The lower flap 336 is sewn across its upper edge at about approximately ⅛ from the bottom edge 340 of the topper pad 330. The lower flap 336 extends transversely across the width of the topper pad but is substantially shorter than the width of the topper pad. Both the lower flap 336 and the upper flat 334 are centrally located about the longitudinal centreline of the topper pad. At the lower edge of the lower flap 336 are a series of spaced spring clips 342 which comprise a loop of elastic material to which a metal L-section bracket is attached. The L-section bracket engages on the underside of the bottom beam 42. When the peripheral frame 34 is engaged with the back attach casting 48, the metal brackets will be held therebetween to securely fix the bottom of the topper pad 330 to the peripheral frame 34 of the chair. Additionally, the upper edge 336 of the topper pad which depends below the top beam 40 is secured in place. This may be achieved through the use of hook and loop pile fasteners (not shown).
The foregoing describes only embodiment of the present invention and modifications may be made thereto without departing from the spirit of the invention.
|Cited Patent||Filing date||Publication date||Applicant||Title|
|US226082||6 Mar 1879||30 Mar 1880||Chair-seat|
|US272579||20 Dec 1882||20 Feb 1883||William h|
|US323060||28 Jul 1885||Territory|
|US614235||26 Oct 1897||15 Nov 1898||Chair|
|US662247||4 May 1900||20 Nov 1900||George E Parker||Coated wire.|
|US662647||21 May 1900||27 Nov 1900||Martin V B Howe||Chair-seat.|
|US1120686||25 Sep 1913||15 Dec 1914||Edward T Burrowes||Metal fly-screen.|
|US1976793||11 Aug 1931||16 Oct 1934||Mangold Stefan||Air-tight closed hollow body|
|US2071974||24 Mar 1936||23 Feb 1937||Gunlocke William H||Chair back|
|US2471024||4 Oct 1946||24 May 1949||Roy A Cramer||Chair with tilting back and automatically shiftable seat|
|US2590995||10 Sep 1948||1 Apr 1952||Sackner Prod Inc||Woven fabric adapted for use as upholstery covers and the like|
|US2612211||16 May 1950||30 Sep 1952||American Seating Co||Removable cushion plate and seat standard|
|US2796918||15 Sep 1954||25 Jun 1957||Norman P Martin||Article of repose for supporting the body of a person|
|US2804129||23 Jun 1955||27 Aug 1957||Beauty Products Ltd||Cushion construction|
|US2833339||22 Jun 1955||6 May 1958||Shirley S Liljengren||Seat construction|
|US2845997||9 Mar 1954||5 Aug 1958||Curtiss Wright Corp||Foamed plastic seat and the like|
|US2858572||23 Sep 1954||4 Nov 1958||Burdick Richard||Method of making advertising signs|
|US2887692||23 May 1956||26 May 1959||Gosman Clarence Berveir||Inflatable cushion or the like|
|US2962764||1 Mar 1956||6 Dec 1960||Oceana International Inc||Process for the manufacture of molded articles|
|US3009578||15 Apr 1958||21 Nov 1961||Gulf Research Development Co||Pre-stressed reinforced ion-exchange membrane and method of making same|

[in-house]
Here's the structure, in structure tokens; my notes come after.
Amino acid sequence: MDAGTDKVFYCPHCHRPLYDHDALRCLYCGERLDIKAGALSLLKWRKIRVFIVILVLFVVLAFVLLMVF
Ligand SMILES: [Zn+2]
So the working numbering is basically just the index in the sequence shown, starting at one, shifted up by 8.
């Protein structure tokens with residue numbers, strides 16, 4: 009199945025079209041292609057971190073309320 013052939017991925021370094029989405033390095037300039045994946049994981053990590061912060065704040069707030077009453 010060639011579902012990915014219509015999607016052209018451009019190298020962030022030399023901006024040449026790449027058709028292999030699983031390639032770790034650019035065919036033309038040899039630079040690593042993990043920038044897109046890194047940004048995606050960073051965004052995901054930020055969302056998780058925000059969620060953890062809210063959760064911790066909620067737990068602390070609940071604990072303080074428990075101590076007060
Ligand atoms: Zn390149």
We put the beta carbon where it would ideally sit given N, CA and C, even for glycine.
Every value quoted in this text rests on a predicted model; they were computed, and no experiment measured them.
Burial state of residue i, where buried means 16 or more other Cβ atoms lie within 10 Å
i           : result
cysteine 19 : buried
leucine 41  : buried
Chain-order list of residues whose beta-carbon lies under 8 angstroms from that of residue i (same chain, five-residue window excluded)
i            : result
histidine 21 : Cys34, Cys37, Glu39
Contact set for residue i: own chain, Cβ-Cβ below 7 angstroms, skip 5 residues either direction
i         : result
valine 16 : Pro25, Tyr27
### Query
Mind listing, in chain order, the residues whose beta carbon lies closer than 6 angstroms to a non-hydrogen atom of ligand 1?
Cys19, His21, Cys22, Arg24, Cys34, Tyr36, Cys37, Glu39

|US3015148||23 Apr 1958||2 Jan 1962||Us Rubber Co||Spacer fabrics and method of making them|
|US3030640||13 Jan 1960||24 Apr 1962||Air Pillow & Cushions Inc||Inflated articles|
|US3041109||29 Sep 1958||26 Jun 1962||Miller Herman Inc||Web and spreader furniture construction|
|US3107991||2 Jan 1962||22 Oct 1963||Arundale Mfg Company||Screen|
|US3112987||7 Mar 1960||3 Dec 1963||Austin Motor Co Ltd||Production of cushioned seats|
|US3115678||7 Oct 1960||31 Dec 1963||Collins & Aikman Corp||Apparatus for molding plastic carpets|
|US3124092||25 Aug 1958||10 Mar 1964||Plastic mating dies and metallic holder supports therefor|
|US3165359||26 Sep 1961||12 Jan 1965||Production Engineering Company||Woven support for furniture|
|US3208085||19 Nov 1962||28 Sep 1965||Vitafoam Ltd||Resilient cushion|
|US3214314||12 Feb 1962||26 Oct 1965||Rowbottam Francis W||Method for screen assembly|
|US3222698||13 Dec 1962||14 Dec 1965||Gen Motors Corp||Resilient plastic seat elements|
|US3273877||26 Apr 1965||20 Sep 1966||Gen Motors Corp||Seat structure|
|US3298743||10 Jun 1965||17 Jan 1967||Knoll Associates||Connector means for upholstery-frame connection|
|US3301931||30 Jul 1963||31 Jan 1967||J R Hanna||Method of making looped snells|
|US3314721||25 Jan 1966||18 Apr 1967||Leland C Smith||Chair construction|
|US3319274||25 Jan 1965||16 May 1967||Raymond R Upton||Mattress with sag-resistant insert|
|US3399883||29 Aug 1967||3 Sep 1968||Thomas J. Mckey||Seat construction|
|US3399926||27 Dec 1966||3 Sep 1968||Bruce A. Hehn||Furniture construction|
|US3431022||29 May 1967||4 Mar 1969||Steelcase Inc||Chair construction|
|US3434181||20 Dec 1966||25 Mar 1969||Vicker Aircraft Holdings Ltd||Apparatus for tensioning sheet materials|
|US3534129||21 Mar 1968||13 Oct 1970||Elastomer Ag||Seat construction and the like|
|US3546724||8 Jul 1968||15 Dec 1970||Bastos Jose De Araujo||Mattresses|
|US3589967||20 Oct 1969||29 Jun 1971||Junichi Shirakawa||Method of upholstering|
|US3620568||26 Jun 1969||16 Nov 1971||Boeing Co||Aircraft crewseat|
|US3652126||31 Aug 1970||28 Mar 1972||Universal Oil Prod Co||Pneumatic adjustment system for seat back panel|
|US3681797 *||29 Jun 1970||8 Aug 1972||Jacob Messner||Cover materials for body-supporting articles|
|US3712666||16 Dec 1970||23 Jan 1973||Giroflex Entwicklungs Ag||Chair|
|US3740792||6 Apr 1971||26 Jun 1973||P Werner||Resilient hinging device for chairs and the like|
|US3770235||20 Mar 1972||6 Nov 1973||Flexible Co||Resiliently supported seat|
|US3826456||13 Feb 1973||30 Jul 1974||Vono Ltd||Rocking chairs|
|US3937518||9 Jan 1975||10 Feb 1976||Mohasco Corporation||Recliner lounger T-cushion chair with projectible headrest and legrest, and hardware therefor|
|US3942835||23 Dec 1974||9 Mar 1976||Mohasco Corporation||Recliner rester chair with projectible legrest and headrest, and hardware therefor|